E-waste Management

Amstrad EWaste



E-waste Guideline from Amstrad

What is E-Waste or Electronic Waste?

Electronic waste @ e-waste is a term which refers to unusable, discarded and old, electric & electronic appliances such as refrigerators, LED/LCD/CTV, microwave oven, washing machines, home air conditioner, etc. As per E-waste (Management and Handling) Rules, 2016 e-waste ‘e-waste’ means electrical and electronic equipment, whole or in part discarded as waste by the consumer or bulk consumer as well as rejects from manufacturing, refurbishment and repair processes.

E-waste has been categorized into three main categories, i.e., Consumer Electronics/Home appliances and IT & Telecom. Refrigerators, washing machines, home air conditioner LED/LCD, etc. represents Consumer Electronics /home appliances.  On the other hand, computers, desktop, laptop mobile phones, etc. and its component represents Telecom & IT.

E-waste contains many valuable, recoverable materials such as aluminium, copper, gold, silver, plastics, and ferrous metals. In order to conserve natural resources and the energy needed to produce new electronic equipment from virgin resources, electronic equipment can be refurbished, reused, and recycled instead of being land filled.

E-waste also contains toxic and hazardous materials including mercury, lead, cadmium, beryllium, chromium, and chemical flame retardants, which have the potential to leach into our soil and water.

E-waste broadly covers waste from all electronic and electrical appliances and contains different hazardous materials which are harmful to human health and the environment if not disposed of carefully. While some naturally occurring substances are harmless in nature, their use in the manufacture of electronic equipment often results in compounds which are hazardous for example chromium becomes chromium VI. Thus, Ministry of Environment, Forest & Climate Change, Govt. of India had listed issued directions for the reduction in the use of hazardous substances in the manufacture of electrical and electronic equipment and their components or consumables or parts or spares.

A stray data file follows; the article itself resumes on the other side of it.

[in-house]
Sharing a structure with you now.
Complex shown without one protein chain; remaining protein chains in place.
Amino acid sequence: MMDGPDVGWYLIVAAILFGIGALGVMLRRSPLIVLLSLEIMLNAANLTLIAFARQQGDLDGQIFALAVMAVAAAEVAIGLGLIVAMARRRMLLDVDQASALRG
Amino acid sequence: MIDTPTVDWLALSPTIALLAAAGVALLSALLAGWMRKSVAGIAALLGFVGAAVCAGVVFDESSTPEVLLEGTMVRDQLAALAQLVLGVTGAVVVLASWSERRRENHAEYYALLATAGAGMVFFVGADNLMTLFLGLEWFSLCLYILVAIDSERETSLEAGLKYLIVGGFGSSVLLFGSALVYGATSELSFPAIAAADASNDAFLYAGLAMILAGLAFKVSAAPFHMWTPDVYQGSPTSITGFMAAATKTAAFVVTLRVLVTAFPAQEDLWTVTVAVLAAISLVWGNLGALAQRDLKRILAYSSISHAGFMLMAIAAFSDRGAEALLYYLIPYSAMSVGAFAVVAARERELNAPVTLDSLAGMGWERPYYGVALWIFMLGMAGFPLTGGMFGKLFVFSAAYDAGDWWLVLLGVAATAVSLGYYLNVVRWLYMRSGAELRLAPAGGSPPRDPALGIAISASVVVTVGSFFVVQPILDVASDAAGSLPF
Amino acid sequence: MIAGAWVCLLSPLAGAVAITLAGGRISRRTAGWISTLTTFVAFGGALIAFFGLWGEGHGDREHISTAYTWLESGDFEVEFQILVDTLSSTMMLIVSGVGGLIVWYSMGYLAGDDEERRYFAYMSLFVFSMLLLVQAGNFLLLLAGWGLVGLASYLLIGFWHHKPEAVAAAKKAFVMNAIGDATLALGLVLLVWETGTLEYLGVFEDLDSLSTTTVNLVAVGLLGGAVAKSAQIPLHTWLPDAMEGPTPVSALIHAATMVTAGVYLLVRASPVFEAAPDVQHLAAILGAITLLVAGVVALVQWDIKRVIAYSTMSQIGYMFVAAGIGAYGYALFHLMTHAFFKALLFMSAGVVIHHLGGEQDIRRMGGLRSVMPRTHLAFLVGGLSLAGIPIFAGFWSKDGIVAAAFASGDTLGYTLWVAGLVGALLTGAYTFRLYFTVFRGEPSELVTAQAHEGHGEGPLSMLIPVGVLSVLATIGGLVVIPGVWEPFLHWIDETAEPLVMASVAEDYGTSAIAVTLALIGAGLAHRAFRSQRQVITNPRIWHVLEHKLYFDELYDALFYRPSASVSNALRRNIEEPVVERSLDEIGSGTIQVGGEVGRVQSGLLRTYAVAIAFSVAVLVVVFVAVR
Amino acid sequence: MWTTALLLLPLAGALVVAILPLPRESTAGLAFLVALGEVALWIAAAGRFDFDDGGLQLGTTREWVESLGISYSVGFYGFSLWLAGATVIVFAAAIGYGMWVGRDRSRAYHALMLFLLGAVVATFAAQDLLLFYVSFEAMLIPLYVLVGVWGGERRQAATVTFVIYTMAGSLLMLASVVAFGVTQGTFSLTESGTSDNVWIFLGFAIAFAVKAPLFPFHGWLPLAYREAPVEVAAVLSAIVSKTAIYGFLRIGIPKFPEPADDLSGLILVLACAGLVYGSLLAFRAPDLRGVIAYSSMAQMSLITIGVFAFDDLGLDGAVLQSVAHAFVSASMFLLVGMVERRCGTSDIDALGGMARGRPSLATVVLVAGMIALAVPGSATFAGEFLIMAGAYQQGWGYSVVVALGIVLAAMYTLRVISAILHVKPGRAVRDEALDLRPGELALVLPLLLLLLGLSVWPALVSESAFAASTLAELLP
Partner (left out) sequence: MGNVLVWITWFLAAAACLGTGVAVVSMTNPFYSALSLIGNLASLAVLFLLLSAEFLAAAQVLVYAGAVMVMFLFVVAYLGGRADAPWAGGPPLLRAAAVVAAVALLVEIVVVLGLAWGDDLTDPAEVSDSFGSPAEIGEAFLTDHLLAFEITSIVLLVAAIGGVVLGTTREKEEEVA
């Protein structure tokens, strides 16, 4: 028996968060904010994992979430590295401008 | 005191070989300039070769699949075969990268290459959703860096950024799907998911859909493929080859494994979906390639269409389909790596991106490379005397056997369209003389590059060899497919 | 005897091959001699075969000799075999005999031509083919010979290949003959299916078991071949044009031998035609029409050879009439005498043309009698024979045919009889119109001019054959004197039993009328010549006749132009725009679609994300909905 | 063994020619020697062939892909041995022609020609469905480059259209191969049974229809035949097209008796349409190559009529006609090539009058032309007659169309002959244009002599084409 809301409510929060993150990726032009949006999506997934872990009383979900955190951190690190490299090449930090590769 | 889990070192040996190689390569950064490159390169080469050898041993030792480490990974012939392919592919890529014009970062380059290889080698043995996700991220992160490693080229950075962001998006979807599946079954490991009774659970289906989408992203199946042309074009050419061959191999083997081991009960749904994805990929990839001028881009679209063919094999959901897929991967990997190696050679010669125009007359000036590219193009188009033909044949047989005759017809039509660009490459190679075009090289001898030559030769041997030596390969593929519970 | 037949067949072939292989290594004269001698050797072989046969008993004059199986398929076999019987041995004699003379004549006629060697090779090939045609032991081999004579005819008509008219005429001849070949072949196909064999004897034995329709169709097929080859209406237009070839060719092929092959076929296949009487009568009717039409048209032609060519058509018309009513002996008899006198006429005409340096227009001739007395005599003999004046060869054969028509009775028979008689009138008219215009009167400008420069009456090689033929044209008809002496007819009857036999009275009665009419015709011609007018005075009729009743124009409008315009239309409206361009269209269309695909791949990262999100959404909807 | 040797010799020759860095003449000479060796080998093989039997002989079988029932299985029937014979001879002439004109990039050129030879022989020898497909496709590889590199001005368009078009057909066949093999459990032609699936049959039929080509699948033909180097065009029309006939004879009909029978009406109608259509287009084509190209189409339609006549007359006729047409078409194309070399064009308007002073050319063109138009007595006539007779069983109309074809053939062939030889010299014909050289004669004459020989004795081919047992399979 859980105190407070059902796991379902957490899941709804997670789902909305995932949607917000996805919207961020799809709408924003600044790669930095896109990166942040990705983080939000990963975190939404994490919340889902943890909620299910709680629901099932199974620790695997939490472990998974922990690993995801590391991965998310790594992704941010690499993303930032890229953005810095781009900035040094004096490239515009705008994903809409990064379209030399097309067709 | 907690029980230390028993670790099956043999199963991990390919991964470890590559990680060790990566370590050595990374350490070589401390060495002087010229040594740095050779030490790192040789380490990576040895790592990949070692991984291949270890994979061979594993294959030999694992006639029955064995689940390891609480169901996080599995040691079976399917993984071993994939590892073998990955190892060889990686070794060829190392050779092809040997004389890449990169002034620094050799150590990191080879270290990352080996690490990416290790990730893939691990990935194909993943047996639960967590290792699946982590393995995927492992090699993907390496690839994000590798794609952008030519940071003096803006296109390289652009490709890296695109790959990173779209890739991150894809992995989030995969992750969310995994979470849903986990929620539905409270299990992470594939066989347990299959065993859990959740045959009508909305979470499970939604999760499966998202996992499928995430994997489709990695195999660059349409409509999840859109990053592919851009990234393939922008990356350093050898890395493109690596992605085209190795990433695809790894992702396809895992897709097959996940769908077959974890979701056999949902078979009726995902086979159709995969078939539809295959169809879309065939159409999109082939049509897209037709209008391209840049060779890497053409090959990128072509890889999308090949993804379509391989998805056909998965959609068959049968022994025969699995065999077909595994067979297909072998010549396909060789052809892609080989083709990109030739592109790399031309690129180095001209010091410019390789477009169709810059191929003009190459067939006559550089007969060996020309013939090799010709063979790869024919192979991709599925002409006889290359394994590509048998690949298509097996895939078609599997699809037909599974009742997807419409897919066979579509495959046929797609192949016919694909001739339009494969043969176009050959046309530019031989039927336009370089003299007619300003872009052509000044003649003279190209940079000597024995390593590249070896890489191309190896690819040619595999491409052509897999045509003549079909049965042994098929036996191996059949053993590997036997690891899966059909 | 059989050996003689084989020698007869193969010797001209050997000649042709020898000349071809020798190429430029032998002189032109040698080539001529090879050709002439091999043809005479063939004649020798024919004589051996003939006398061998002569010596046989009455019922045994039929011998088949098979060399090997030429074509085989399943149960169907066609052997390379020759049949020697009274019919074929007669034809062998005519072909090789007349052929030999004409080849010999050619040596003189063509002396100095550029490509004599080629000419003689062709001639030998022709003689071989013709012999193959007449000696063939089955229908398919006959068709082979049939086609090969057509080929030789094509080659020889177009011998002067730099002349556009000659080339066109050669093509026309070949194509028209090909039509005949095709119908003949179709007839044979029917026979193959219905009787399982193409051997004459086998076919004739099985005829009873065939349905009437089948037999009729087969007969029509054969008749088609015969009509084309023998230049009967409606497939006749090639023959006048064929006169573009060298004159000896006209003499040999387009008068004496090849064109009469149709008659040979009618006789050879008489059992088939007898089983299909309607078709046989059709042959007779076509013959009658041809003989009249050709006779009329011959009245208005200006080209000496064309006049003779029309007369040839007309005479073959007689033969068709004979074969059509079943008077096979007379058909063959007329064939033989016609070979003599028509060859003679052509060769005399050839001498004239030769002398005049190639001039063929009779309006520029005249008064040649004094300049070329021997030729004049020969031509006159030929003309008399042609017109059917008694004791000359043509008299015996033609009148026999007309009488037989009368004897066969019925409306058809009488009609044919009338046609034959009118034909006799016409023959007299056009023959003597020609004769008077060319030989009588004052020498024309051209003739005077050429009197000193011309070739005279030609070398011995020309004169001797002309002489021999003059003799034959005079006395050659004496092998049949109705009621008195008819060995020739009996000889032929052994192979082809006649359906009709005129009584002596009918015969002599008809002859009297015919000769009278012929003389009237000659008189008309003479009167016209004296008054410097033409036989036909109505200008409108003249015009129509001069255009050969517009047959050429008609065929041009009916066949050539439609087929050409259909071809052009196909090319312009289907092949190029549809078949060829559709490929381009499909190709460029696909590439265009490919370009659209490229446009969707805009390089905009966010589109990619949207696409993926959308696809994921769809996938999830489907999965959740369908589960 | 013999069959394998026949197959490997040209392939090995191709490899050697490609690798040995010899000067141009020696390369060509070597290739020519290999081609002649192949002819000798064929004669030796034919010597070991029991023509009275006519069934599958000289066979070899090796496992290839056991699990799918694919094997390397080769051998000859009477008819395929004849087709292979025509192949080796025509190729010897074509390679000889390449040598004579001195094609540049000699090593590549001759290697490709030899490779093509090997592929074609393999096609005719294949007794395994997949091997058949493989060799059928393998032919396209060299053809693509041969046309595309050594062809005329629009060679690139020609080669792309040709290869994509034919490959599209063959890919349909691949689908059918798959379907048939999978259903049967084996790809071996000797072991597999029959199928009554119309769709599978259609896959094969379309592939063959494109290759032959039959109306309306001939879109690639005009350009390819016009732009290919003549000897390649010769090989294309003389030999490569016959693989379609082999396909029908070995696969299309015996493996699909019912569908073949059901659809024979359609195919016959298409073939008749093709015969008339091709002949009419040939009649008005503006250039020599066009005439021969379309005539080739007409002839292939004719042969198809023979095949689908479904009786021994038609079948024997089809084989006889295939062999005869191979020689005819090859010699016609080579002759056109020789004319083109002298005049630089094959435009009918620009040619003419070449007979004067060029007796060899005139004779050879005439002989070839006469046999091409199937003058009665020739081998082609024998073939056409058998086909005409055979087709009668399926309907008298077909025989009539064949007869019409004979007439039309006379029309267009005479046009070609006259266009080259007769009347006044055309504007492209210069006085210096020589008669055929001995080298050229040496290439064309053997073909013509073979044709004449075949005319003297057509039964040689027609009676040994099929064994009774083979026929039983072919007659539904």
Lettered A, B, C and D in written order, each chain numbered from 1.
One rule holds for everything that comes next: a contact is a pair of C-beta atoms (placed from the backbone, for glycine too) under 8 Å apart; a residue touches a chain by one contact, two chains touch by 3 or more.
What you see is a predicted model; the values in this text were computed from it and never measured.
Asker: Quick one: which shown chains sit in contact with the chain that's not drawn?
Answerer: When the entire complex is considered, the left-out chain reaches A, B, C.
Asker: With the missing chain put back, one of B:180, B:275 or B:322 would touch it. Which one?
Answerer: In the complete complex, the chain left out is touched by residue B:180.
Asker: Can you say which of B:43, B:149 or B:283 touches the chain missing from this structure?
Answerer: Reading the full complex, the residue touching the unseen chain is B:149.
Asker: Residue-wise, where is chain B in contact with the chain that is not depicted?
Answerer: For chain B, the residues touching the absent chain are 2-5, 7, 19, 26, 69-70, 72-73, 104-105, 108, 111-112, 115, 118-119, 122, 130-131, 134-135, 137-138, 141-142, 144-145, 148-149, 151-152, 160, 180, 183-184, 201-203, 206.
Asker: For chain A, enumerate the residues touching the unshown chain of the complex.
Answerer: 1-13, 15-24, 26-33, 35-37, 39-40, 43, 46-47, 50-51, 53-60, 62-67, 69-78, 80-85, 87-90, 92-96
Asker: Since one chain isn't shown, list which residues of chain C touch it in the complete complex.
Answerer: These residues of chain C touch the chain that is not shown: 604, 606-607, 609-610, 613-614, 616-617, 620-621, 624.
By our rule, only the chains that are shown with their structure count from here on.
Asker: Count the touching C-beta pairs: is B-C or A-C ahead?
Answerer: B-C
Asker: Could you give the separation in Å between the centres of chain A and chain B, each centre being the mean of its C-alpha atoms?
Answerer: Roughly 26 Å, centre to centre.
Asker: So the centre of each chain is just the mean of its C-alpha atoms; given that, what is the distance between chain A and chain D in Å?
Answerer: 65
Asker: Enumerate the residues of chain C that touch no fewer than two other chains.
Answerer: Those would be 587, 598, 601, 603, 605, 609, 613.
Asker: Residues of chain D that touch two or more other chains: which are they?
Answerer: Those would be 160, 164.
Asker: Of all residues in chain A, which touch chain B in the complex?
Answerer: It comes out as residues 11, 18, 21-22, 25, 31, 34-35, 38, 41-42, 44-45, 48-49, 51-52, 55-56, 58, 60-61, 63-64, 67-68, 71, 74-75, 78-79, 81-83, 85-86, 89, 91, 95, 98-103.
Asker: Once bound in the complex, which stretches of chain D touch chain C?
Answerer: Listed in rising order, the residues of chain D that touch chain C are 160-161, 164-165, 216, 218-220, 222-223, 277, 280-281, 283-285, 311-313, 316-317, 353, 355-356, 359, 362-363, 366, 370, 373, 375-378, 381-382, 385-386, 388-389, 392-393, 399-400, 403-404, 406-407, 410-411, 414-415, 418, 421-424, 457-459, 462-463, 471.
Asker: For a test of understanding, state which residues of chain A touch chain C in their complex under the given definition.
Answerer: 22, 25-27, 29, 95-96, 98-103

The Ministry of Environment, Forest & Climate Change, Govt. of India in furtherance of its effort to reduce the hazard occurring from rapid growth in the Consumer durable and IT-Telecom market had made rules called as E-Waste (Management and Handling) Rules, 2016 under Environment Protection Act.


Electronic equipment contains many hazardous metallic contaminants such as lead, cadmium, and beryllium and brominated flame-retardants. An improper handling and/or improper recycling of the Electronic Waste results in these hazardous metals/substances getting released into our eco and biological system, thereby leading to various health hazards. The Hazardous contents in the electronic equipment include:

Health:- The informal method of recycling extended health hazards. For example, primary and secondary exposure to toxic metals, such as lead, results generally from open-air burning used to retrieve valuable components such as gold. Incineration from burning e-waste creates fine particulate matter, which is linked to pulmonary and cardiovascular disease.

Environment:- The informal method of recycling extended environment hazards too. For example, when different e-waste is burnt to extract metals from it, toxic chemicals are released into the air, damaging the atmosphere.

  • Lead     •   Brominated Flame Retardants   •   Chromium   •   Mercury •     Beryllium   •   Cadmium   •   Barium   •   Carbon Black   •   Phosphor

E-Waste Toxic Components and their Damage to Human Health


Toxic Materials Birth Defects Brain Damage Heart, Liver, Lung & Spleen Damage Kidney Damage Nervous/ Reproductive System Damage Skeletal System Damage
Barium X X
Cadmium X
Lead X X X X
Lithium X X X X
Mercury X X X X X
Nickel X X X X
Palladium X X X
Rhodium X X X X
Silver X X

Without safe recycling, most of these toxic components will end up in landfill – poisoning the soil and water

The Dos of Electronic Waste Recycling:

  1. Give the discarded Electronic Equipments only at the authorized collection centers so that the same can be properly recycled
  2. Drop the discarded Electronic Equipments only in the bins meant for the Electronic Waste
  3. Consult the authorized service center as to whether the Electronic Equipment can be repaired or not, before discarding the same
  4. Tell your neighbours and other persons about the hazards of improper disposal or handling or improper recycling of the Electronic Waste